Unquestionably, the remoteness and inaccessibility of large part of northern Australia protected it from wholesale intrusion and occupation through the colonial and early Commonwealth period. Buffalo hunters and missionaries, then pastoralists were the early outsiders who came to stay. The region was climatically and agriculturally difficult with huge seasonal rainfall, storms and cyclones, with sheets of water, mud, crocodiles, poor soils for agriculture and the difficulties of the topography with a forbidding escarpment.

The word Kakadu – or Gagudju - was not properly recorded until 1912 when Professor Walter Baldwin Spencer, as Administrator of the Northern Territory, identified the language groups in the area. His book the Native Tribes of the Northern Territory of Australia was published in 1914, by which time he had returned to the University of Melbourne. The military and engineering developments in Northern Australia during the Second World War later facilitated both mining exploration and tourism. By the 1950s western Arnhem Land and the Alligator Rivers region were within industrial, commercial and administrative reach. Also, by the mid-1960s as the national parks movement took hold. Australian thinking had developed to a stage where large tracts of unspoilt areas were set aside for the protection of the ecology or the preservation of scenic beauty, including areas of the remote tropical north.

The first proposal for a national park in region was made in 1965 when the Northern Territory was under direct Commonwealth administrative control. By the early 1970s the name Kakadu was adopted for the proposed national park. Meanwhile in October 1969 a uranium deposit was identified, to be called Ranger. In January 1971 Prime Minister John Gorton linked the two when he advised mining companies that a national park was under consideration for the region.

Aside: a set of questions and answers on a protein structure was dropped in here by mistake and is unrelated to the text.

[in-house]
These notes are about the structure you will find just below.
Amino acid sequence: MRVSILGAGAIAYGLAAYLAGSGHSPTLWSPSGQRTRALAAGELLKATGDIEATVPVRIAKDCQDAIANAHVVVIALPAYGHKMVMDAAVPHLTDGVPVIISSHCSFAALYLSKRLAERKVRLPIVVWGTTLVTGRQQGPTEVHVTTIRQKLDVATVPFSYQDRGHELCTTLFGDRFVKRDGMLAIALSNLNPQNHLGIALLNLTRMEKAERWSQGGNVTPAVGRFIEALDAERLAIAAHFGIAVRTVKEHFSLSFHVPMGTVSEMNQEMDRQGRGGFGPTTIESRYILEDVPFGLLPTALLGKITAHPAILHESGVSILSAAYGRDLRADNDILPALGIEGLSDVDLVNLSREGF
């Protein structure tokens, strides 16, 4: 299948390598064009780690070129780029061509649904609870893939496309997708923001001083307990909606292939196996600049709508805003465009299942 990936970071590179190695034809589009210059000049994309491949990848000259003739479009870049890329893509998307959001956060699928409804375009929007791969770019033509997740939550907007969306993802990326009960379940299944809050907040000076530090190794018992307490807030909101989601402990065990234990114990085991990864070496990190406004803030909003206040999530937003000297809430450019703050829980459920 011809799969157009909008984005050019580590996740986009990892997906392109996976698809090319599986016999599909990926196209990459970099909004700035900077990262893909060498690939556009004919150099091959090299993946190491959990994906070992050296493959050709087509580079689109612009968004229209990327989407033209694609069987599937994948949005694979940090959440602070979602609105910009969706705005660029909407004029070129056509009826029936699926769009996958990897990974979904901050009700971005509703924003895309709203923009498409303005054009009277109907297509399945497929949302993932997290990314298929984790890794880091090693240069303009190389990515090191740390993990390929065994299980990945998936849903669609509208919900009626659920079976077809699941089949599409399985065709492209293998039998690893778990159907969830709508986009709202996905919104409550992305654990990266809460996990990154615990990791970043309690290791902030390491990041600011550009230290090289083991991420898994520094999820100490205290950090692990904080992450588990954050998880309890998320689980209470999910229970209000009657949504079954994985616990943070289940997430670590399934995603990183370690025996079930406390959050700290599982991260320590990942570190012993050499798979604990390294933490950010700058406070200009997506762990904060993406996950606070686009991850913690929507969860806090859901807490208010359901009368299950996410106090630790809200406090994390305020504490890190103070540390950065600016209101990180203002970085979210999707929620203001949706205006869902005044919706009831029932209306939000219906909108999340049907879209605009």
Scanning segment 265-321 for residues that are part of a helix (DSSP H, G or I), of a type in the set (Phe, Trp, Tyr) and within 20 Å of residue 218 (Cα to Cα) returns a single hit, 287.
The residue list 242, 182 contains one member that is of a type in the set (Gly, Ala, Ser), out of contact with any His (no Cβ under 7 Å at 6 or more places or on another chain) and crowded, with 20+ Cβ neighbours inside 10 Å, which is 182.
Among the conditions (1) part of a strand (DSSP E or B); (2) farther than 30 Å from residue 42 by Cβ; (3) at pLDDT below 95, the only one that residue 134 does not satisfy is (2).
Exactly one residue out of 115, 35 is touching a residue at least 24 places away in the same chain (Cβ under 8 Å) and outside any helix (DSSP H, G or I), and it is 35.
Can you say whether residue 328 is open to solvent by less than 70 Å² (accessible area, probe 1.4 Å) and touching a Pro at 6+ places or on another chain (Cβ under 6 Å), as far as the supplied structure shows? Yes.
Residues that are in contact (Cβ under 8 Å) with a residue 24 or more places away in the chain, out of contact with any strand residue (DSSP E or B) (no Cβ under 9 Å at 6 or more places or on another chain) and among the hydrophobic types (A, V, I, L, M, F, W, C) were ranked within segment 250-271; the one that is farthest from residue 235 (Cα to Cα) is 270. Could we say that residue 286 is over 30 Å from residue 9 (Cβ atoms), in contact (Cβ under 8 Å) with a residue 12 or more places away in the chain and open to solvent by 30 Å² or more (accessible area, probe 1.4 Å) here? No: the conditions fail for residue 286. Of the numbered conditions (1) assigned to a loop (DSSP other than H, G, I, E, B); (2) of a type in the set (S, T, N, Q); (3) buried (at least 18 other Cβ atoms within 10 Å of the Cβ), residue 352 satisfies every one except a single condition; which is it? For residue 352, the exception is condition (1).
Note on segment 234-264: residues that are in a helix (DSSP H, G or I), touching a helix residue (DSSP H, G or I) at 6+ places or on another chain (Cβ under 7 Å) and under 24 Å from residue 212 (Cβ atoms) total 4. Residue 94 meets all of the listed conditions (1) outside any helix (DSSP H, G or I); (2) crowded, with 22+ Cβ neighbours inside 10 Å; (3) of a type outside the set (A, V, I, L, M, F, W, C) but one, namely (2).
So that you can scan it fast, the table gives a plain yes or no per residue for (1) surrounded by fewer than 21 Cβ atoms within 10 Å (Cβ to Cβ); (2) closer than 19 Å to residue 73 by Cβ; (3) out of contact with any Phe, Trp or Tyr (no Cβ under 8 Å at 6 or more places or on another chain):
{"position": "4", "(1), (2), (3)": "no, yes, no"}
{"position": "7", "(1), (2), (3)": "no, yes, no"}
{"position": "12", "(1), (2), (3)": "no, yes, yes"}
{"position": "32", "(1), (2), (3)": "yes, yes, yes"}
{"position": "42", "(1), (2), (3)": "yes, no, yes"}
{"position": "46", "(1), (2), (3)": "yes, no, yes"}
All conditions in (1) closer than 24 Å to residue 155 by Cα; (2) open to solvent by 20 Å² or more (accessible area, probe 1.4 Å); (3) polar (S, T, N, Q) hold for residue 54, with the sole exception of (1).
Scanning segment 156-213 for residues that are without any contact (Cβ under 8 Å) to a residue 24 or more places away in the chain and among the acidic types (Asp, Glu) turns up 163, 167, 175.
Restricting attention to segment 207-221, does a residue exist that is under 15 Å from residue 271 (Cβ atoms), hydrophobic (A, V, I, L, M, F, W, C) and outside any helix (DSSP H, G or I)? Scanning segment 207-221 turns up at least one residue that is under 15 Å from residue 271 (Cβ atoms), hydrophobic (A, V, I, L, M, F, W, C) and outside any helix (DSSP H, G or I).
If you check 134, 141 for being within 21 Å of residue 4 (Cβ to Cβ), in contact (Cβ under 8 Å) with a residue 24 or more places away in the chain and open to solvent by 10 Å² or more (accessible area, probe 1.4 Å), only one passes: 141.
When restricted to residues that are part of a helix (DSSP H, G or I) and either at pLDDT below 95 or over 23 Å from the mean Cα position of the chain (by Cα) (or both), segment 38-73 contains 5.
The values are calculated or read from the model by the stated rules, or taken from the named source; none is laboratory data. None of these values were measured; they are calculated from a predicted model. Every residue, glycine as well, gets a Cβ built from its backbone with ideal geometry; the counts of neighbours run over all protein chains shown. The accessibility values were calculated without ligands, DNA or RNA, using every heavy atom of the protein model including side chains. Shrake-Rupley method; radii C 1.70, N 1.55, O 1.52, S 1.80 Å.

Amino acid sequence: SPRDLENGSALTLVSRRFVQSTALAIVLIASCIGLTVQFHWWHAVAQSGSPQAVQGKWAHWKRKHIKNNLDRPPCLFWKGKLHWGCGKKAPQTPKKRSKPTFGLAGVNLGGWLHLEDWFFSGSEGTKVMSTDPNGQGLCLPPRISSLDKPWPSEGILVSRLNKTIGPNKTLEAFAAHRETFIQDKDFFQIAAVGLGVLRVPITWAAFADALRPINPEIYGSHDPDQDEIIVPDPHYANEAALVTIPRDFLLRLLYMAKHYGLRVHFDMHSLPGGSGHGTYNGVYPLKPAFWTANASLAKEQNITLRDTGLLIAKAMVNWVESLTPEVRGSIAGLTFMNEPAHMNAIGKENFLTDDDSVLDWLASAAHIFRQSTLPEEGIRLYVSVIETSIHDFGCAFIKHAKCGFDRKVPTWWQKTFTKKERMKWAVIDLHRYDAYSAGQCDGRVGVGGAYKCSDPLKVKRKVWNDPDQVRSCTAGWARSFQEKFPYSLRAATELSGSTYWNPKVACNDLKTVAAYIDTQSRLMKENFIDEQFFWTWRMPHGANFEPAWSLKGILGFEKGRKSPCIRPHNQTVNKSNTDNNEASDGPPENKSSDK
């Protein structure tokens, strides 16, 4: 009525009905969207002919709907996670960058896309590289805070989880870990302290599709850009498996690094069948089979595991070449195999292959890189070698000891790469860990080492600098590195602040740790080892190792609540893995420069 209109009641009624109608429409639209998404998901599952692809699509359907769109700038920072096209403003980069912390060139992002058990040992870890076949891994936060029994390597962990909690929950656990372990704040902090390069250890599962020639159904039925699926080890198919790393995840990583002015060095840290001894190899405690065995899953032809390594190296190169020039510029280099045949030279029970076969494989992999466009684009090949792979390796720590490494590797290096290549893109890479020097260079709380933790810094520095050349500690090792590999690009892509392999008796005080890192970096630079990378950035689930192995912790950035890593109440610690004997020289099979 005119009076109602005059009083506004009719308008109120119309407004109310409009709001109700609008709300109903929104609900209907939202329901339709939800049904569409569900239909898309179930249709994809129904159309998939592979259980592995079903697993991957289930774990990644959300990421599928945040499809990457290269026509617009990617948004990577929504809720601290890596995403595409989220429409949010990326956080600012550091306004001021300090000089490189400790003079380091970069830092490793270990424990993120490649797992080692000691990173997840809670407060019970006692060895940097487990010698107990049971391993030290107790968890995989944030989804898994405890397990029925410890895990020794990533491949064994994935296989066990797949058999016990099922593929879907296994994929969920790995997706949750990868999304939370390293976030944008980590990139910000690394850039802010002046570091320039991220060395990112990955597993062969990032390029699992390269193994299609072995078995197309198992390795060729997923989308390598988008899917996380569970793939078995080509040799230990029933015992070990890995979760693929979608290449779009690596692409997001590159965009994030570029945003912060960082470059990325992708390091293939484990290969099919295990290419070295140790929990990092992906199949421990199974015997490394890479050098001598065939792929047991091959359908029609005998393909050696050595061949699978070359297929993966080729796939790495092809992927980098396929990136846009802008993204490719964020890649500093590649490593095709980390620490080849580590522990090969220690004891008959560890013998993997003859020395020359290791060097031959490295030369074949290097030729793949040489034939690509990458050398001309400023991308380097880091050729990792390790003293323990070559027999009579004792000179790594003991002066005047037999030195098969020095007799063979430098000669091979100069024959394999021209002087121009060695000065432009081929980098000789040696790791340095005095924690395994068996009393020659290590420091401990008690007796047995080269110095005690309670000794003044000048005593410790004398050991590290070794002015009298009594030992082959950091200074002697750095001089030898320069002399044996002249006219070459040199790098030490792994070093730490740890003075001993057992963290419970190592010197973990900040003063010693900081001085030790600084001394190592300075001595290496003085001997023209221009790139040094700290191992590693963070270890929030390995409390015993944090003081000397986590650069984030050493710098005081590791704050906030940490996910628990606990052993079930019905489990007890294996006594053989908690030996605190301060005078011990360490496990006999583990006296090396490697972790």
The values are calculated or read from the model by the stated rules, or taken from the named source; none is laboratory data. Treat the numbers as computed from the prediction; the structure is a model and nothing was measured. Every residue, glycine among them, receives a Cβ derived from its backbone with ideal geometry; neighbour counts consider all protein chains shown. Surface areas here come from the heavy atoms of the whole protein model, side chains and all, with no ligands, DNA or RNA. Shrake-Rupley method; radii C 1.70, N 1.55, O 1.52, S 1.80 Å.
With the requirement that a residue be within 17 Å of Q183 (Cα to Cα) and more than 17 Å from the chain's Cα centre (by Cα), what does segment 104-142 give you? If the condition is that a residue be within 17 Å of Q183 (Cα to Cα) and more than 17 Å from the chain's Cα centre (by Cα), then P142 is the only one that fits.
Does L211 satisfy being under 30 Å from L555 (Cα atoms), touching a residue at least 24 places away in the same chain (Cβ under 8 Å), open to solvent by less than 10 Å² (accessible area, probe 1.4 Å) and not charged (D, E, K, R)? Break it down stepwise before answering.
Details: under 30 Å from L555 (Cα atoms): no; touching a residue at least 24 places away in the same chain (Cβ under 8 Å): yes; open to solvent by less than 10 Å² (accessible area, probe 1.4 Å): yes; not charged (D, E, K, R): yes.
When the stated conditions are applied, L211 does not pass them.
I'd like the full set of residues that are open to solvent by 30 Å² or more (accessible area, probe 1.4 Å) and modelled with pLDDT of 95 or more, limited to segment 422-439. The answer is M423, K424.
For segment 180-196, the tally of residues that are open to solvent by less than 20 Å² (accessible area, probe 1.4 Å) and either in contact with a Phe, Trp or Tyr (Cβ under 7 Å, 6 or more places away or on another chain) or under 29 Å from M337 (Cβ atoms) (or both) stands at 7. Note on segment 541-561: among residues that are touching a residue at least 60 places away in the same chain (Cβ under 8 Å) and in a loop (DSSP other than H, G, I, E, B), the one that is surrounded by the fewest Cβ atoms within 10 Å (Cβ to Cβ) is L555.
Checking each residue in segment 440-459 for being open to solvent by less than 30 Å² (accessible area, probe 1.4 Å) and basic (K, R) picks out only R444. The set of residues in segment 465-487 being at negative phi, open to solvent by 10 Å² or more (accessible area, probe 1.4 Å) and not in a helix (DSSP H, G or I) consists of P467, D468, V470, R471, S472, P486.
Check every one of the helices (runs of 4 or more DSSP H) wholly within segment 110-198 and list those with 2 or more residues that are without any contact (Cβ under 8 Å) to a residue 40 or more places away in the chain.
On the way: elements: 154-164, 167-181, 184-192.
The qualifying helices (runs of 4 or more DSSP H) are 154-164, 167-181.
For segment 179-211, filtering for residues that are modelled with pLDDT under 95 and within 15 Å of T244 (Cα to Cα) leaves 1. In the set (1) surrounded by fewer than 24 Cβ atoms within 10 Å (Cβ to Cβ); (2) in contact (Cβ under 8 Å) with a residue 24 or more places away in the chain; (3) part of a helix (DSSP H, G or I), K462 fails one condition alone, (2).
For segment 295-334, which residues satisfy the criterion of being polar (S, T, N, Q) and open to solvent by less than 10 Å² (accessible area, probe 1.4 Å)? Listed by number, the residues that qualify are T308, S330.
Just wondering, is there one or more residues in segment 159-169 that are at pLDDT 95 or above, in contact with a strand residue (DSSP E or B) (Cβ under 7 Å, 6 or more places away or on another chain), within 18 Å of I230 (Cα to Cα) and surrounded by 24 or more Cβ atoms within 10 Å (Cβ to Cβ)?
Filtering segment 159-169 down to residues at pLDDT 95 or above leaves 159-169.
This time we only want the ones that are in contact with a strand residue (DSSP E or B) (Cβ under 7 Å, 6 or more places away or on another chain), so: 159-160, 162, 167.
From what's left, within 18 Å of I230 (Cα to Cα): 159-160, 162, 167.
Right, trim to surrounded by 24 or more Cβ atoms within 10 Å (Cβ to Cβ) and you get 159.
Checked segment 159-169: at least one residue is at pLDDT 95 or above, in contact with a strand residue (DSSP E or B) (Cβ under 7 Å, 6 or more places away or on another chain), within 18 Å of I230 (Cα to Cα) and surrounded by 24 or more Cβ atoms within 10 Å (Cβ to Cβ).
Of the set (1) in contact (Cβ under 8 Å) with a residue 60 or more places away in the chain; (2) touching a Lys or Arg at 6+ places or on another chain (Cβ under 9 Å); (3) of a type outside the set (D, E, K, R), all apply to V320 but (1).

In May 1972 the Alligator Rivers Environmental Fact Finding Study was established to investigate resource potential and the significance of Aboriginal culture and environmental values. It was jointly funded by the Commonwealth and the mining industry. Later that year, in November, the World Heritage Convention was momentously adopted in Paris. Australia became an early signatory. At the same time the Naulabila archaeological site in Kakadu was dated to 20,000 years. Moreover, the civil rights movement gave strength opportunity and purpose to indigenous people in Australia. Clearly a number of highly significant issues were developing simultaneously and on a potential collision course.

In May 1973, prompted by the new World Heritage structures, the Whitlam government initiated an inquiry into the National Estate to investigate the terms by which Australia’s most precious natural and cultural places may be registered and protected domestically. In July 1975 that government also initiated the Ranger Environmental Inquiry. Its task was to consider uranium mining in the Kakadu region. The 1977 report duly recommended that uranium mining proceed. The fact finding study from 1972 was also finally published in 1977.

In 1976 the Land Rights (Northern Territory) Act was passed by the Fraser government and the lands of Kakadu were granted to the Traditional Owners through a trust with overarching supervision of the simultanously established Northern Land Council. However, only for the Mirarr lands (Ranger) was the right of mining veto explicitly denied in the Act. Then in 1978 the Northern Territory, as a juirisdiction, was granted a form of limited self-government and a Legislative Assembly was established with Cabinet government. The new Northern Territory government was aggressively in favour of uranium mining and stridently opposed to both the Commonwealth mandated national park and Aboriginal land rights.